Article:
Mutations in a certain gene may increase a person’s risk for an aggressive asbestos-related cancer called malignant mesothelioma, a new study claims.
The gene is called LRRK2 and is involved in regulating responses in immune cells in the brain. Mesothelioma can affect the lungs, stomach or heart.
The small study included 13 malignant mesothelioma patients who were exposed to asbestos and had a family history of cancer, but didn’t have a mutation in the BAP1 gene, which is a tumor-suppressor gene that is commonly mutated in familial mesothelioma cases.
Six out of the 13 patients showed one or more mutations in genes other than BAP1.
“We found that most mesothelioma patients from high-risk cancer families have one to four inherited mutations in cancer-related genes that may predispose them to the carcinogenic effects of asbestos,” study supervisor Joseph Testa, a professor and senior member of the Cancer Signaling and Epigenetics Program at Fox Chase Cancer Center in Philadelphia.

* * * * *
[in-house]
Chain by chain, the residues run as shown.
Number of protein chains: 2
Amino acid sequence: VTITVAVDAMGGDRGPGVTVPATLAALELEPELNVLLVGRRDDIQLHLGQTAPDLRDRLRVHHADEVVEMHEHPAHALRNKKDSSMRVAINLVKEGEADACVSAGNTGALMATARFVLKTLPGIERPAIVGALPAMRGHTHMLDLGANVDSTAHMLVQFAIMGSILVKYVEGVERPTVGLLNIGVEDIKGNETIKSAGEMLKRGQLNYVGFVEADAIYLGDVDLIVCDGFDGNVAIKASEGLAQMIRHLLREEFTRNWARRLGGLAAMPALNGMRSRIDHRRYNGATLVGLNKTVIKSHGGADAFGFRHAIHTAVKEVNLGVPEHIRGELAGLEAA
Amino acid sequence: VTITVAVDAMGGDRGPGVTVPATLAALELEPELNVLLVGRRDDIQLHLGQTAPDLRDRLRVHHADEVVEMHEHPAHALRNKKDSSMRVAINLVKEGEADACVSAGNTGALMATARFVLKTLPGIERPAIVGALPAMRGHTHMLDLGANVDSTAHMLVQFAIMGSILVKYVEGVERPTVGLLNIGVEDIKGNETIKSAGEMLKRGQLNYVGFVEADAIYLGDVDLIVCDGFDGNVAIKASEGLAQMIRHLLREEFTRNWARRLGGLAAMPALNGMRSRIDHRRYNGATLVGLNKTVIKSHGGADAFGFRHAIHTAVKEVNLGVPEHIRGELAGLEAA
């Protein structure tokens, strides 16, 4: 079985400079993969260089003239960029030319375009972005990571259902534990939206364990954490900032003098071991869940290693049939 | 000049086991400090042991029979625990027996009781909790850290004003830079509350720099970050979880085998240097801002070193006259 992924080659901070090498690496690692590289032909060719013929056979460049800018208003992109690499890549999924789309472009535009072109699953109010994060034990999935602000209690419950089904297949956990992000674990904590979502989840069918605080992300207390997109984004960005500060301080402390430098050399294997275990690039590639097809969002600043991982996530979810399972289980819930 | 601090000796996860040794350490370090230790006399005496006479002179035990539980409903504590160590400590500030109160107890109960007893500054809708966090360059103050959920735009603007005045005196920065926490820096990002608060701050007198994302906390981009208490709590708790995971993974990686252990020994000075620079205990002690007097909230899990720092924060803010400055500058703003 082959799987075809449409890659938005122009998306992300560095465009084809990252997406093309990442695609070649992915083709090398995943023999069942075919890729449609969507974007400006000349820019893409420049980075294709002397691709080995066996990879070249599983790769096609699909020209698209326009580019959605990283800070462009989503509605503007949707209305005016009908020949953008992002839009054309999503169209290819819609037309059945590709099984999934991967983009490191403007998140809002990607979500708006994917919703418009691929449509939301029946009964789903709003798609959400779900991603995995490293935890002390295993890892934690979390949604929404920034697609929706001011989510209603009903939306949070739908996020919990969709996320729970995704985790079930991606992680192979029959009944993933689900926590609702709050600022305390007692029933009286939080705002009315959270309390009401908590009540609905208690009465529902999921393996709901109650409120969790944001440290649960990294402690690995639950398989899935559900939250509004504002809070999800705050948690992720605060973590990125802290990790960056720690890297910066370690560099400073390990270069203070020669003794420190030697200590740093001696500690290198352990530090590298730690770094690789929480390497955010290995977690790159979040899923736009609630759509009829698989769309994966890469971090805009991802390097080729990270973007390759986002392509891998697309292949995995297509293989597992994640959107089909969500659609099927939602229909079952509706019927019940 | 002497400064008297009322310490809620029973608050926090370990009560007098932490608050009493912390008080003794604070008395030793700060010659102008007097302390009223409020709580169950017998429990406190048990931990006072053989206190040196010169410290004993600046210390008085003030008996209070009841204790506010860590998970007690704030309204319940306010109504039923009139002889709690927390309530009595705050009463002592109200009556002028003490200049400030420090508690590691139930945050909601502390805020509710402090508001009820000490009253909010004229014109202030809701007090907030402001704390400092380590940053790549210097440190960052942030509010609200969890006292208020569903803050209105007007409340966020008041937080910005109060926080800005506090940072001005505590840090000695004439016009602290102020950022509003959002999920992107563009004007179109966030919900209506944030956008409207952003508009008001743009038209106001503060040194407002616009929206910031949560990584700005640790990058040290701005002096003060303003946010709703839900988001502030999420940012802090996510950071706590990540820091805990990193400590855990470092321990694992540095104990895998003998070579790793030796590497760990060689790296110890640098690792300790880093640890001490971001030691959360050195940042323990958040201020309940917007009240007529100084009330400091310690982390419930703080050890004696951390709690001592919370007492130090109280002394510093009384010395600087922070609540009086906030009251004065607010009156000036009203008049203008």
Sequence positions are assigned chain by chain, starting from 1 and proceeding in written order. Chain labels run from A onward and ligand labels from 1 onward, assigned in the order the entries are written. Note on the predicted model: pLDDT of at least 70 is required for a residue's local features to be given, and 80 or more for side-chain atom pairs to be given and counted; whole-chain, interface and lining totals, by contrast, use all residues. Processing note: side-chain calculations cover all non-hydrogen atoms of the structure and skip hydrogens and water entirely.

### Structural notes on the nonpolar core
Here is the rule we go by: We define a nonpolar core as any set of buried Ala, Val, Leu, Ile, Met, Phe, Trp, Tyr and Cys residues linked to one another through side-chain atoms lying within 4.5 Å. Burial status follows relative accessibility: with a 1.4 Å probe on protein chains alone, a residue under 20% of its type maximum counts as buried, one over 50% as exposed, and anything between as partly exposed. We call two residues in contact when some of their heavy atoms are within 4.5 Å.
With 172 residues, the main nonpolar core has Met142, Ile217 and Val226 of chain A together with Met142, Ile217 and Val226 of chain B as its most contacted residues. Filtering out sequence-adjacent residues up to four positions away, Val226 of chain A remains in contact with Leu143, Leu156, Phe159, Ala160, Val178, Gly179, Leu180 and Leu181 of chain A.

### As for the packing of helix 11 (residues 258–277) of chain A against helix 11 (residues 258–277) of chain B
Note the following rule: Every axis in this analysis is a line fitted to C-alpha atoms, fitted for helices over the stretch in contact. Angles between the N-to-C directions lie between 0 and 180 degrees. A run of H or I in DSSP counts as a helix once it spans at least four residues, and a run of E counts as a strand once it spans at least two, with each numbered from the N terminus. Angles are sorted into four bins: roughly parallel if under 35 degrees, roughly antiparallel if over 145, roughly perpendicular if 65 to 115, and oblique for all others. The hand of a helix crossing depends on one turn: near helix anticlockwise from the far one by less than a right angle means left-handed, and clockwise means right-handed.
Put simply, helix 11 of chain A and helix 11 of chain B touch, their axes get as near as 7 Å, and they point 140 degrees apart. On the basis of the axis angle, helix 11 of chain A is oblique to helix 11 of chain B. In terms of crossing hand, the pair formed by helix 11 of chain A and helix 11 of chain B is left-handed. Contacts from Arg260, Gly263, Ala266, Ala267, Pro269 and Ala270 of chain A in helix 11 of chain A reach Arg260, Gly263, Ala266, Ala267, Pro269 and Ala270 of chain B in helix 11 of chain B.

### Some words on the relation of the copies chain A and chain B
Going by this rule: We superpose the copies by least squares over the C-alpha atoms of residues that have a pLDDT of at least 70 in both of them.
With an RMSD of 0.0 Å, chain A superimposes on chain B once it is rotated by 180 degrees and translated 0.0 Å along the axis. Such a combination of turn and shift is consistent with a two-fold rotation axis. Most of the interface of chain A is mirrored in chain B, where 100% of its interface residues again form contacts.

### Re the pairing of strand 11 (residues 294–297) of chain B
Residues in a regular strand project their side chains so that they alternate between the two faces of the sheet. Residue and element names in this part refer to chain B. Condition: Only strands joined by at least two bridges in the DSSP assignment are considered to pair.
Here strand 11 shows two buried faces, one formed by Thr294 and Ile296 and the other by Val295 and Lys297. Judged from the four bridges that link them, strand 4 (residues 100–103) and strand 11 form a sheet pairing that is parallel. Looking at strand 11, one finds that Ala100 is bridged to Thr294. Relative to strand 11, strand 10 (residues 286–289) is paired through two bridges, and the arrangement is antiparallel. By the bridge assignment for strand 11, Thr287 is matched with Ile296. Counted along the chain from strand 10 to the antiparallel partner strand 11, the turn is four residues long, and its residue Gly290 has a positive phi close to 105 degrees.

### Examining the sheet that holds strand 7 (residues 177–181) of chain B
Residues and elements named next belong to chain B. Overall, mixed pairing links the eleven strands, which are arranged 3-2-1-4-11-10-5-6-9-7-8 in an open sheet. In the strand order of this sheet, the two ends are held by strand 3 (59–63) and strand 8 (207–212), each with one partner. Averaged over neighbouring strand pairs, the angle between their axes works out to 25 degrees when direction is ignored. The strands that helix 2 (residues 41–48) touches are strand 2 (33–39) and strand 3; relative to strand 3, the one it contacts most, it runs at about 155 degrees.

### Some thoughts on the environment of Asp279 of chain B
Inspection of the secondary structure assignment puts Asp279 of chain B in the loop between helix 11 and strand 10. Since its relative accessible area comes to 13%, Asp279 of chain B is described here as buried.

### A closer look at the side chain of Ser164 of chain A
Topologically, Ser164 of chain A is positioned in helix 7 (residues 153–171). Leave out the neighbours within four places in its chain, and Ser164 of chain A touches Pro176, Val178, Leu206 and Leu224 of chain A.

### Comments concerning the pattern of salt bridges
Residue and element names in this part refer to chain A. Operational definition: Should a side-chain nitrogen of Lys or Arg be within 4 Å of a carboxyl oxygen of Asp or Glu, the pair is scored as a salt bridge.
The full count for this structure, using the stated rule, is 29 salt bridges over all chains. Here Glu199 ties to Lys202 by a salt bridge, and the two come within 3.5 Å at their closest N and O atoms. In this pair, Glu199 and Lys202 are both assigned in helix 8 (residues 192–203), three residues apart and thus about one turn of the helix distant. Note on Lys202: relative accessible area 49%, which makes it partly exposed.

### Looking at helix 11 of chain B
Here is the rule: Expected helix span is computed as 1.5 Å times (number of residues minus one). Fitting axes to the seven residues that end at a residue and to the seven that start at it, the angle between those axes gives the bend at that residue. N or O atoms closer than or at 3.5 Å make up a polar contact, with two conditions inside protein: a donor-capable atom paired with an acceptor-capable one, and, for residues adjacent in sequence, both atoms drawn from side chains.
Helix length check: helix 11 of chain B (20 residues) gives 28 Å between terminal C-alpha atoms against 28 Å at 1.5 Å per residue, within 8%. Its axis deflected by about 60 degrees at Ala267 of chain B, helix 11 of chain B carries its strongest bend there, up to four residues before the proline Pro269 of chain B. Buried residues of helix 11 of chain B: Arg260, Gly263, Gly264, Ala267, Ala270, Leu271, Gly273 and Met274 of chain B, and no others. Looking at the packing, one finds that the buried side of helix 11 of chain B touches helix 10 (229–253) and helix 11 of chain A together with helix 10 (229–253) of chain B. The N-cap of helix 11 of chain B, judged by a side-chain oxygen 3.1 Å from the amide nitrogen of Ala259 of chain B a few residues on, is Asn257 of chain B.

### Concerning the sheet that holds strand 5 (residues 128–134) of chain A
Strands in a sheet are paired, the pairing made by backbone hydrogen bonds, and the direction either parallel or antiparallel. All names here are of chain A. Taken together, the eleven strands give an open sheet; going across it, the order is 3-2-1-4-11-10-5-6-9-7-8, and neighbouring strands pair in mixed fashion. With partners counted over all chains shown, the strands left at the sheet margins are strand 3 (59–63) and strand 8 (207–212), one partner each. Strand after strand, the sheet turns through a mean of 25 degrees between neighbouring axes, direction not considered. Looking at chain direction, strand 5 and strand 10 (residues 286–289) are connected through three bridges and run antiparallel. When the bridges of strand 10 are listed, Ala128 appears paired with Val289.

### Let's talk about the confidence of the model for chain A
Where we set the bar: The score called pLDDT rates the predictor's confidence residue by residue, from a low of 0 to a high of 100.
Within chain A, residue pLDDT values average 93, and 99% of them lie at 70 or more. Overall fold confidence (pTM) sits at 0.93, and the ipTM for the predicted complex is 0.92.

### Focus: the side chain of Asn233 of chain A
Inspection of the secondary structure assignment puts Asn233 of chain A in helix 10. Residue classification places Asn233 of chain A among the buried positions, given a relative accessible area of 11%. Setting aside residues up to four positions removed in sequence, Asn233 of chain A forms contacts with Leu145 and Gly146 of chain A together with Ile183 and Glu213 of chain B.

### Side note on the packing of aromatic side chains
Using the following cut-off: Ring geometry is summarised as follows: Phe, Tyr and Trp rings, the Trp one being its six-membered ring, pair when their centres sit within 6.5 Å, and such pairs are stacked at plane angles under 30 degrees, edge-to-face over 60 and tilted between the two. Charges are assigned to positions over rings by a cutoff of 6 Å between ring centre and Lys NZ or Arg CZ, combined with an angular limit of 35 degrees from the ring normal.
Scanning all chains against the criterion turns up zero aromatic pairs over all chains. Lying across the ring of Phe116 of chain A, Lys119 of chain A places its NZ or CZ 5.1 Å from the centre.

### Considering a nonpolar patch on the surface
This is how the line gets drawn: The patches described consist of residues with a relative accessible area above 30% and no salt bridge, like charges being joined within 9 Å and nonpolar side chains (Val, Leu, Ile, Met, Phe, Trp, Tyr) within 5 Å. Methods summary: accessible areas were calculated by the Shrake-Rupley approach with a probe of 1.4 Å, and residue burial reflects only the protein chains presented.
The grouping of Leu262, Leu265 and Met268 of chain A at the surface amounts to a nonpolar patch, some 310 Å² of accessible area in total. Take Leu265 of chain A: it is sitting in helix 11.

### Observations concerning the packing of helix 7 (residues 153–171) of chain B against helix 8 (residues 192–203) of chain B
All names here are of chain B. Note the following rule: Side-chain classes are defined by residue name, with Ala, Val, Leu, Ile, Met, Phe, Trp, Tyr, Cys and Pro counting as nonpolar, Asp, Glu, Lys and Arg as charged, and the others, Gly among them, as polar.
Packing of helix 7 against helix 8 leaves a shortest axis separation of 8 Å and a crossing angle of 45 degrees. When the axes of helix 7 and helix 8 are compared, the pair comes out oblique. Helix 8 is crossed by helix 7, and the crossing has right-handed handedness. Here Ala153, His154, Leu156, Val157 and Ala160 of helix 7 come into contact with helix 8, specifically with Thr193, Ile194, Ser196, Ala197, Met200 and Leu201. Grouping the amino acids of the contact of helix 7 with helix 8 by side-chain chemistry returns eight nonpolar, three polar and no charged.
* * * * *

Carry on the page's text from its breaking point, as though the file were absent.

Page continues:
“Nearly 50% of these mesothelioma patients have bona fide pathogenic mutations that are expected to contribute to disease susceptibility due to their predicted adverse impact on processes such as DNA repair and chromatin modification,” Testa added in a Fox Chase news release.
He and his colleagues were “surprised that expression of the LRRK2 gene was lost in 60% of the approximately 30 primary mesothelioma tumors and mesothelioma cell lines that we subsequently examined,” Testa said.
“Collectively, our data suggest that in addition to being a cancer predisposition gene, loss of expression of this newly recognized tumor suppressor gene is a frequent finding in mesothelioma and may serve as a biomarker for identifying those patients most likely to benefit from specific therapies that target pathways affected by LRRK2 loss,” Testa said.
The study was published May 19 in the journal Human Molecular Genetics.
The next step in this line of research is to investigate how LRRK2 expression decreases in mesothelioma patients and how its loss of function contributes to the development of tumors, the authors explained.